Retrace, a Xinova Spinout, Provides Data to Improve E-Waste Recycling

For all of its noble goals, the business of recycling old electronics and mobile phones is fraught with challenges and not very profitable. Retrace, a Seattle startup that spun out of Xinova earlier this fall, believes providing better data to recyclers and other players in the global market for used mobile phones will help.

“It’s not necessarily as clean and green as everyone seems to think it is,” says Michael Rubel, founder and president of Retrace. “Even the good players struggle with the compliance measures and it’s a tough game, even for the big guys.”

Xinova, formerly known as the Invention Development Fund, rebranded itself this fall as it completed its spin off from Bellevue, WA-based Intellectual Ventures, the patent aggregator and multifaceted invention shop of former Microsoft CTO Nathan Myhrvold. A mashup of the words for new in Chinese and Latin, Xinova is pursuing a new model for uniting research and development with commercialization in industries including IT, agriculture, and manufacturing. It connects its customers—ranging from startups to Fortune 500 companies—to a network of 10,000 experts in more than 30 countries to define and solve problems, and make better products and services.

The company, based in Bellevue with offices in Japan, Korea, China, India, Singapore, Australia, Germany, and Israel, spun out other startups including Coffee Flour, which is commercializing a byproduct of coffee production, and QSense, which makes technology to monitor and share air quality information. (We’ll hear more about Xinova from executive vice president and head of global partnerships Paul Levins at Xconomy Intersect on Thursday. Learn more and register here.)

At Retrace, Rubel took a circuitous path to the business of providing phone makers, recyclers, brokers, and mobile carriers with data on flows of second-hand phones from one market to the next.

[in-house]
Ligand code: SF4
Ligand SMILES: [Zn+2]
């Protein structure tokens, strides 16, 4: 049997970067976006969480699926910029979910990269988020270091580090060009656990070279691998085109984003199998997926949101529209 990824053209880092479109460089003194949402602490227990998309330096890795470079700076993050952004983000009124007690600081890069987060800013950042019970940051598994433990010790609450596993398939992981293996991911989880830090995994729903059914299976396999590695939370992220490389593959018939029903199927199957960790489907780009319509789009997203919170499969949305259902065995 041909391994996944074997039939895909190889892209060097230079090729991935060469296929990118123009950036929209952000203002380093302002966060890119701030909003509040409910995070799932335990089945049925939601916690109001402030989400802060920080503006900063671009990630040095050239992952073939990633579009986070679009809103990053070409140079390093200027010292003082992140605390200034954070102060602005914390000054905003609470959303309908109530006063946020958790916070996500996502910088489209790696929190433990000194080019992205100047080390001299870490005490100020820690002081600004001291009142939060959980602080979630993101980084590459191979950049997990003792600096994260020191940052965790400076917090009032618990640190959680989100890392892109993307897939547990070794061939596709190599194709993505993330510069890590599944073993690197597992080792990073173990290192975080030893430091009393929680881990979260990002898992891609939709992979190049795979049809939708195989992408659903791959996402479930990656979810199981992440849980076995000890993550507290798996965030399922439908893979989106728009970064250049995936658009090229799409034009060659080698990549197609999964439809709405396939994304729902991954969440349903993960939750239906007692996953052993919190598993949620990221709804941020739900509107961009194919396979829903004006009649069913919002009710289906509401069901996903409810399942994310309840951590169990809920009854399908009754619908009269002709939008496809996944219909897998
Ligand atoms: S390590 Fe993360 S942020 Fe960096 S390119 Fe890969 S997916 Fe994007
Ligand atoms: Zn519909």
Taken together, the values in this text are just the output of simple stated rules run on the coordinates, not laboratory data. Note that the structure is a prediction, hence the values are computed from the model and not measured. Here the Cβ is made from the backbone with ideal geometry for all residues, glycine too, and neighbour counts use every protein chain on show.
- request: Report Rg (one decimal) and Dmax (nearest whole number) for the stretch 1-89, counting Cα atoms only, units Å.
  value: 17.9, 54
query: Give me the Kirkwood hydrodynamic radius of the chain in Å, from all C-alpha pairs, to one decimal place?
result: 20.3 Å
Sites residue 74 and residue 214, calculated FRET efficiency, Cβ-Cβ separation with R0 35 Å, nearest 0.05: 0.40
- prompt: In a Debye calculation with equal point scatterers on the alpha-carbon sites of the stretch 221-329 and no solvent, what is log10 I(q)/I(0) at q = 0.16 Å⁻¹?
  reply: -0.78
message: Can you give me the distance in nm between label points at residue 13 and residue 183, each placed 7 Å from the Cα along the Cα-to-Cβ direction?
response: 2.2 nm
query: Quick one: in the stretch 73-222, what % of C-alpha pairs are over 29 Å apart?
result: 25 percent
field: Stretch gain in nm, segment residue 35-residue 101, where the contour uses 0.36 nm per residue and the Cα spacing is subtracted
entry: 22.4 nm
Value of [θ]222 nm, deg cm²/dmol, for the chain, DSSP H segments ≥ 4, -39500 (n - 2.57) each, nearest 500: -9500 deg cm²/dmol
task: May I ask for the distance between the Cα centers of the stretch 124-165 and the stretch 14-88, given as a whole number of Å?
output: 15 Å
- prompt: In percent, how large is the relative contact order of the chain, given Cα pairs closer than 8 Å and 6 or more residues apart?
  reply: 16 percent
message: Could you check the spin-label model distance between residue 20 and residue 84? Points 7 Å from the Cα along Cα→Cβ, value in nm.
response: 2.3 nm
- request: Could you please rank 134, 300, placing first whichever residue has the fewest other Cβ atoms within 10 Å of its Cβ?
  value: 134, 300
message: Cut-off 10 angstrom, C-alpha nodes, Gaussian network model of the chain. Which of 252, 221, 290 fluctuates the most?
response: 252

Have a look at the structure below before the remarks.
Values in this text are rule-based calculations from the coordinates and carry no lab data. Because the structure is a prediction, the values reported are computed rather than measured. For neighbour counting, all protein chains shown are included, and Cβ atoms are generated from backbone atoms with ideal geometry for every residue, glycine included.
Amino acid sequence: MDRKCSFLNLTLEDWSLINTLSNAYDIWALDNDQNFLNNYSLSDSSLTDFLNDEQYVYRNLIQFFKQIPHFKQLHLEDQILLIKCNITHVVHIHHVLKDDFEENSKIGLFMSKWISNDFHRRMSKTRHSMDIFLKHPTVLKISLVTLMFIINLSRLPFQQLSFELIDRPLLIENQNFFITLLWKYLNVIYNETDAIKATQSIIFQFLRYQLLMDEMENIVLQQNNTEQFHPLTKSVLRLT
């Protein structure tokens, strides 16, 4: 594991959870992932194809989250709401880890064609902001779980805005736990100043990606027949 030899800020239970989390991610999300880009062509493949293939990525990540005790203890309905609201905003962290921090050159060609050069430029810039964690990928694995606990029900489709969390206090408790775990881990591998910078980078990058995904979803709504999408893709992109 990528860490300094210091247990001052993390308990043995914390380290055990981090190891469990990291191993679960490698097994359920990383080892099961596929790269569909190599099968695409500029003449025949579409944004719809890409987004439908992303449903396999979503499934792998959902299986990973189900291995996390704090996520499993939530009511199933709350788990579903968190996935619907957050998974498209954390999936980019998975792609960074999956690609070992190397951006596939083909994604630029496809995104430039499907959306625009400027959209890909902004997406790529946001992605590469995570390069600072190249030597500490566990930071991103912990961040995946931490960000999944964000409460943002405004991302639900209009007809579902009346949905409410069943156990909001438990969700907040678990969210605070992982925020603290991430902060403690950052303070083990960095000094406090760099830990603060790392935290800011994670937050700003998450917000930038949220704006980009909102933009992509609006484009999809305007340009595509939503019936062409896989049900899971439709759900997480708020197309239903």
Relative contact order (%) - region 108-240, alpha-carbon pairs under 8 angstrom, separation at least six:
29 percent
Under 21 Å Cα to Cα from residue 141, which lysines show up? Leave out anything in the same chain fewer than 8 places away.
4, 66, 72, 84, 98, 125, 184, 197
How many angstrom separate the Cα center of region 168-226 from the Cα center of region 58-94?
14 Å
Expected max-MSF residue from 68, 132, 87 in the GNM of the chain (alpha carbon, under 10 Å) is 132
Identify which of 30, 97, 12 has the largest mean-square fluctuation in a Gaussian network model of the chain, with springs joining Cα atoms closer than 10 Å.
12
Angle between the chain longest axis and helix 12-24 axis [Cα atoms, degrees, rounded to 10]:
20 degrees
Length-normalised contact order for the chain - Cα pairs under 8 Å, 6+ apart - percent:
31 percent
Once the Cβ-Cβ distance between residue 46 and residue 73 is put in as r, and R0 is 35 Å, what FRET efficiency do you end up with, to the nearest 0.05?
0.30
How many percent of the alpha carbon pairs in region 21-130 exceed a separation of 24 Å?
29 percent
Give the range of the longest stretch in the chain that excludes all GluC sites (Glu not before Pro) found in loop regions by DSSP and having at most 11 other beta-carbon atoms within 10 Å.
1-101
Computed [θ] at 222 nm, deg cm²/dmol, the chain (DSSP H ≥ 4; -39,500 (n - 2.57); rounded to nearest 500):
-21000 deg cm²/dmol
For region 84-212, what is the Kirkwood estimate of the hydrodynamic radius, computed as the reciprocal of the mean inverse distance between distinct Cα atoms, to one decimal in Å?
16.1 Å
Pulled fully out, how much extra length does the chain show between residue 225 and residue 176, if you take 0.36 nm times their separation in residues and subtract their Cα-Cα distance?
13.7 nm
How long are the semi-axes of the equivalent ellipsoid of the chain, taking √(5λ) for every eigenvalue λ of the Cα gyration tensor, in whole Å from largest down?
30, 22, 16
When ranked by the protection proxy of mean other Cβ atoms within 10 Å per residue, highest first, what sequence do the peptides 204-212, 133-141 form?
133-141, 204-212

After a career as a Naval officer and nearly eight years working on innovation programs at Michelin, Rubel found himself at an Austin, TX, based e-waste recycler. He helped the company restructure, raise funding, and obtain certification from Sustainable Electronics Recycling International. He thought things were being done the right way, he says. They weren’t.

“They were basically taking bad electronic waste, putting it in the back of a shipping container, filling the front end of it with teddy bears and cute little things that no one would ever notice and shipping it off to China and just not telling me about what they were doing,” he says.

Several U.S. e-waste handlers were caught shipping e-waste to junkyards in places like Hong Kong and elsewhere in Asia that have weaker protections from the environmental and health impacts of scrapping old computer monitors, printers, and the like. The Seattle-based Basel Action Network (BAN) sniffed out the practice, which ran counter to assurances consumers were given about e-waste recycling, through the e-Trash Transparency Project, revealed last May.